96. 96 for Big Ben, heightwise : METRES
Strictly speaking, I think that this clue is incorrect as the bell called “Big Ben” isn’t 96 metres tall. It’s the Clock Tower of the Palace of Westminster, in which Big Ben is housed, that’s 96 metres tall.

Big Ben is the name commonly used for the large bell in the Clock Tower of the Palace of Westminster (aka the Houses of Parliament). Big Ben's official name is the Great Bell, and there is some debate about the origins of the nickname. It may be named after Sir Benjamin Hall who oversaw the bell's installation, or perhaps the English heavyweight champion of the day Benjamin Caunt.

98. Symbol for ohms : OMEGA
The unit of electrical resistance is the ohm (with the symbol omega) named after German physicist Georg Simon Ohm. Ohm was the guy who established experimentally that the amount of current flowing through a circuit is directly proportional to the voltage applied, (V=IR) a relationship that every school kid knows as Ohm's Law.

102. Three-time French Open champ : LENDL
Ivan Lendl is a former professional tennis player from Czechoslovakia. Lendl appeared in eight consecutive US Open finals in the eighties, a record that stands to this day.

107. Euros replaced them : LIRE
The word "lira" is used in a number of countries for currency. "Lira" comes from the Latin for "pound" and is derived from a British pound sterling, the value of a Troy pound of silver. For example, the lira (plural “lire”) was the official currency of Italy before the country changed over to the euro in 2002.

109. Work for Plutarch, informally : BIO
Plutarch was a Greek historian who became a Roman citizen. Plutarch’s most famous work is probably “Parallel Lives”, a series of paired biographies, with each pair comparing the lives of one Greek and one Roman.

111. Hog's Head, in the Harry Potter books : INN
The Hog’s Head is a pub in the village of Hogsmeade in the “Harry Potter” series of books. The Hog’s Head is owned by Aberforth Dumbledore, who is the brother of Albus Dumbledore, the headmaster at Hogwarts.

112. Tip of the tongue? : -ESE
The suffix “-ese” is seen in languages (tongues) such as Japanese, Chinese and Taiwanese.

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For the sake of completion, here is a full listing of all the answers:
Across
1. Halle Berry was once runner-up for this : MISS USA
8. Foreheads : BROWS
13. Hanes competitor : BVD
16. Identify on Facebook : TAG
19. Ties up : ENLACES
20. French filmmaker who led the Cinéma Pur movement : RENE CLAIR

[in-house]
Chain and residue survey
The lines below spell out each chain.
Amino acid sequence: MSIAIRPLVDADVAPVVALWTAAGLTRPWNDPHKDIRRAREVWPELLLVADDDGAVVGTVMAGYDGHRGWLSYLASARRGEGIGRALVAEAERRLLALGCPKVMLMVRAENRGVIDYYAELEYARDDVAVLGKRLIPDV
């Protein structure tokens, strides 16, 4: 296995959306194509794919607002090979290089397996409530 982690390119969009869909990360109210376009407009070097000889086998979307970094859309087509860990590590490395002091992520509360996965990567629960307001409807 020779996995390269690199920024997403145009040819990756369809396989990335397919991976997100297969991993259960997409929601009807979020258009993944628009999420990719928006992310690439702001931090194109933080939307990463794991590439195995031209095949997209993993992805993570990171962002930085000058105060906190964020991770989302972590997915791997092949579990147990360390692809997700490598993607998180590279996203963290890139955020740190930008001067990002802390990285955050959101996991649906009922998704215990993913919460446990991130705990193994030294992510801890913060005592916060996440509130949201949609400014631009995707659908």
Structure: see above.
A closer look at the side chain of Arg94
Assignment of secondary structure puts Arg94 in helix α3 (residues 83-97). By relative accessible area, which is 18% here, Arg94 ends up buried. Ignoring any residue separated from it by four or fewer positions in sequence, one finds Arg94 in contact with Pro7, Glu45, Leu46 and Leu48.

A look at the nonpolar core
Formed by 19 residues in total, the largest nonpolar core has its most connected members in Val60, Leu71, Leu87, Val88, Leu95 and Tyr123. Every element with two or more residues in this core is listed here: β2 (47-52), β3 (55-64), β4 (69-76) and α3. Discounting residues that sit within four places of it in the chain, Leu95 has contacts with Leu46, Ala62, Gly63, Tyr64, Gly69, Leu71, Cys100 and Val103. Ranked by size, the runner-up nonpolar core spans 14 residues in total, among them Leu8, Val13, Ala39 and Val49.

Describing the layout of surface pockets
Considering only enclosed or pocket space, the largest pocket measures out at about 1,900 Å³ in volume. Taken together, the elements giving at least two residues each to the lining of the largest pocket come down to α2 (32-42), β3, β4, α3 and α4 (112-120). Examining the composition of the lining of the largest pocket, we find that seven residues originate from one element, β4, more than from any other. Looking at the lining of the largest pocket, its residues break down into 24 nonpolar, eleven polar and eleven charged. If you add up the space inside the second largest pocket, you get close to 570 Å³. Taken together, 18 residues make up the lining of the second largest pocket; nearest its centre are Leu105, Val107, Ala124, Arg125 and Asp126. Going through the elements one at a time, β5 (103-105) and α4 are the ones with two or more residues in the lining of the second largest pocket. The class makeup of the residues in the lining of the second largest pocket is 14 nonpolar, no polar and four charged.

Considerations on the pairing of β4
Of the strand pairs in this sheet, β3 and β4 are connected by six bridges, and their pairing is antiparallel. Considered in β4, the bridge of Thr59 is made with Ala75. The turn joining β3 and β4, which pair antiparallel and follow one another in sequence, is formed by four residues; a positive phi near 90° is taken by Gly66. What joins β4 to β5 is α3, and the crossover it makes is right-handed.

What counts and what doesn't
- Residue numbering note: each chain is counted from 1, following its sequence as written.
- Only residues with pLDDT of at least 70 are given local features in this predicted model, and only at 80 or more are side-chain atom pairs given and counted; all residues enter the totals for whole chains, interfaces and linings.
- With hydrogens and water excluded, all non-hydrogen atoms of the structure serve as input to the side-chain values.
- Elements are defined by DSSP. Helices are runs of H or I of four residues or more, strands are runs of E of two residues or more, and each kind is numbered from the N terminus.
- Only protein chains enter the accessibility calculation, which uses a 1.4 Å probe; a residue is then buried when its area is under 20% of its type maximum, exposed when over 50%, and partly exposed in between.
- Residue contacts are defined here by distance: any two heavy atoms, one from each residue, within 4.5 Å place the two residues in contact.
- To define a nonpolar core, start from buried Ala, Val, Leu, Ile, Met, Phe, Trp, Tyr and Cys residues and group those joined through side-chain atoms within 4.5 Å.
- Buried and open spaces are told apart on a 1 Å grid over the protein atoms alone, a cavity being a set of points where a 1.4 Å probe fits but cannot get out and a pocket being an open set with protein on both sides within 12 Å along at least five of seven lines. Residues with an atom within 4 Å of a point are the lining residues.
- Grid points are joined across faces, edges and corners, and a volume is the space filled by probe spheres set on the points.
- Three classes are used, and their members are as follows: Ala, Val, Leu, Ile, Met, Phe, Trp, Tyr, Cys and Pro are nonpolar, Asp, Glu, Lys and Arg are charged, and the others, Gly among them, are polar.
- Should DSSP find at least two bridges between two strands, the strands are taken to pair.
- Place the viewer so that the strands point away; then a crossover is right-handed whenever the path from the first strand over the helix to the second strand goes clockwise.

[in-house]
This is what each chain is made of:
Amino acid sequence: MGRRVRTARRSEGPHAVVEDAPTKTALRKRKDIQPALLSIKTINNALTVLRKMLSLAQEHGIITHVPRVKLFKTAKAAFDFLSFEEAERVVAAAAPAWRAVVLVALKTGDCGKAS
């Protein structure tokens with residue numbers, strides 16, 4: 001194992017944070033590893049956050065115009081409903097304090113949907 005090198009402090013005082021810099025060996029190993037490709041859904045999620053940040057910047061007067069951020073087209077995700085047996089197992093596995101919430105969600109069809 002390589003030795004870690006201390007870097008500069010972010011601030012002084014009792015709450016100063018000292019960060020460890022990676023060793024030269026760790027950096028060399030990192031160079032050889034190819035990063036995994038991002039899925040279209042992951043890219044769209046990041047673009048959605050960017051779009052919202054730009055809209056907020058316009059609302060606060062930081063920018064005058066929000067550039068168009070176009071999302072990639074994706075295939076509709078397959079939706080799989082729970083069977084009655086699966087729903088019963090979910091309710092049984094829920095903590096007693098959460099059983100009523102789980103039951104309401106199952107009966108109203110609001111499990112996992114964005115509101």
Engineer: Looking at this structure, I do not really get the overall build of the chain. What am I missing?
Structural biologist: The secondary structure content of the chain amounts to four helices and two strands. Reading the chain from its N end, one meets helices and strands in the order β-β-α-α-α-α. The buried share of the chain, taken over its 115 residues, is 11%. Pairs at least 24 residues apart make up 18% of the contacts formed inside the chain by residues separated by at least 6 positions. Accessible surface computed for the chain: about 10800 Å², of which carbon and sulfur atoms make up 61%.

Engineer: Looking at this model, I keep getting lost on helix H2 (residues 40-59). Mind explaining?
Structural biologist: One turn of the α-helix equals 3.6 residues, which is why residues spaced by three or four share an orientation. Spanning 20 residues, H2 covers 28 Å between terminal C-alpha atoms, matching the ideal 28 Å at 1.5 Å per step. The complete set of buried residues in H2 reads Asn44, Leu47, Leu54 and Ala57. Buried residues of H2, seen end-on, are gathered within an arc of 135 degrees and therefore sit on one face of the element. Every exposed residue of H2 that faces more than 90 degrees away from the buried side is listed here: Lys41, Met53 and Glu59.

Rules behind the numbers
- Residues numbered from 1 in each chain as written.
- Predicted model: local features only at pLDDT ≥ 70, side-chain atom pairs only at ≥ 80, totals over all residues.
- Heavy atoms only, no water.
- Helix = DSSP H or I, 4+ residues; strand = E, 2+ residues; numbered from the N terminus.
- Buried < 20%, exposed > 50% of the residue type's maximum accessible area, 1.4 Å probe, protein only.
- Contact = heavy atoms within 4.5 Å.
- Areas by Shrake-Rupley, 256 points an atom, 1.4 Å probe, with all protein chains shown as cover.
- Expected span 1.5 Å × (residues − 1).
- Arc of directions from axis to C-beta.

22. When Earth Day is celebrated: Abbr. : APR
23. Jewish bread/Played, as a violin/Throw (1950) : CHALLAH BOWED HEAVE (“All About Eve”)
25. Tan line producer, maybe : BRA
26. Ring material : CANVAS
27. ___ cloud (source of comets) : OORT
28. Org. in "The Sopranos" : FBI
29. Spend time in idle reverie : MOON
30. One quarter of a quartet : ALTO
31. Toyota rival/Measure of power/Insult (1954) : HONDA WATT AFFRONT (“On the Waterfront”)
36. Parisian possessive : SES
37. Sound units : BELS
38. Strip club fixture : POLE
39. Anagram - and synonym - of 71-Across : AYES
40. Peace in the Middle East : SALAAM
42. Forbes competitor : INC
44. Ca, Ce, Co or Cu : ELEM
47. Reside/Savage/Puzzle (out)/Wash (2013) : DWELL FIERCE SUSS LAVE (“12 Years a Slave”)
53. Greatly desired objects : GRAILS
54. Any of the "South Park" characters : TOON
55. Strike concern : PAY
56. Kiss's partner : TELL
58. Bananas : NUTSO
59. Number by a door? : CAROL
61. Islamic spirit : JINN
62. Inner: Prefix : ENTO-
63. Dating service datum : AGE
64. Hooligan/Strange/Silo contents (1972) : THUG ODD FODDER (“The Godfather”)
68. Only non-U.S. M.L.B. team: Abbr. : TOR
69. Some cameras, for short : SLRS
71. See 39-Across : YEAS
72. Like a milquetoast : WUSSY
73. Complete reversal : U-TURN
75. Comedian Kevin : HART
76. Seed : PIT
77. Obama follower? : -CARE
78. Sad news : A SHAME
79. Wildlife protector/Difficult/Hotel door feature (1980) : WARDEN HAIRY PEEPHOLE (“Ordinary People”)
84. Have the lead : STAR
85. "Chances ___ ..." : ARE
86. Load bearer? : HAMPER
87. Memo opener : IN RE
90. California roll ingredient : CRAB
93. "That's what she ___" : SAID
94. Road block? : JAM
97. "In what way?"/Like overcooked steak/Possess/European capital on a gulf (1985) : HOW TOUGH HAVE RIGA (“Out of Africa”)
102. Get whipped : LOSE
103. British author who wrote "The Old Devils" : AMIS
104. "___ man!" : BE A
105. Oklahoma tribe : OTOE
106. Brave group, informally? : NL EAST
108. Kind of garden : ZEN
109. What you get when you say 23-, 31-, 47-, 64-, 79- or 97-Across out loud : BEST PICTURE WINNER
113. Meringue ingredient : EGG
114. P.O.W.'s, e.g. : INTERNEES
115. Rush-hour subway rider, facetiously : SARDINE
116. ___ Islas Filipinas : LAS
117. "Inglourious Basterds" org. : OSS
118. ___ nous : ENTRE
119. Holes in shoes : EYELETS

Down
1. Shopping malls on Black Friday, e.g. : MECCAS
2. Scarf down : INHALE
3. Some wide receiver routes : SLANTS
4. Round of shots : SALVO
5. Campus attended by Elle in "Legally Blonde" : UCLA
6. Beach homes? : SEASHELLS
7. Kind of blond : ASH
8. Ponder, with "on" : BROOD
9. Prepare to put back in the fridge, say : REWRAP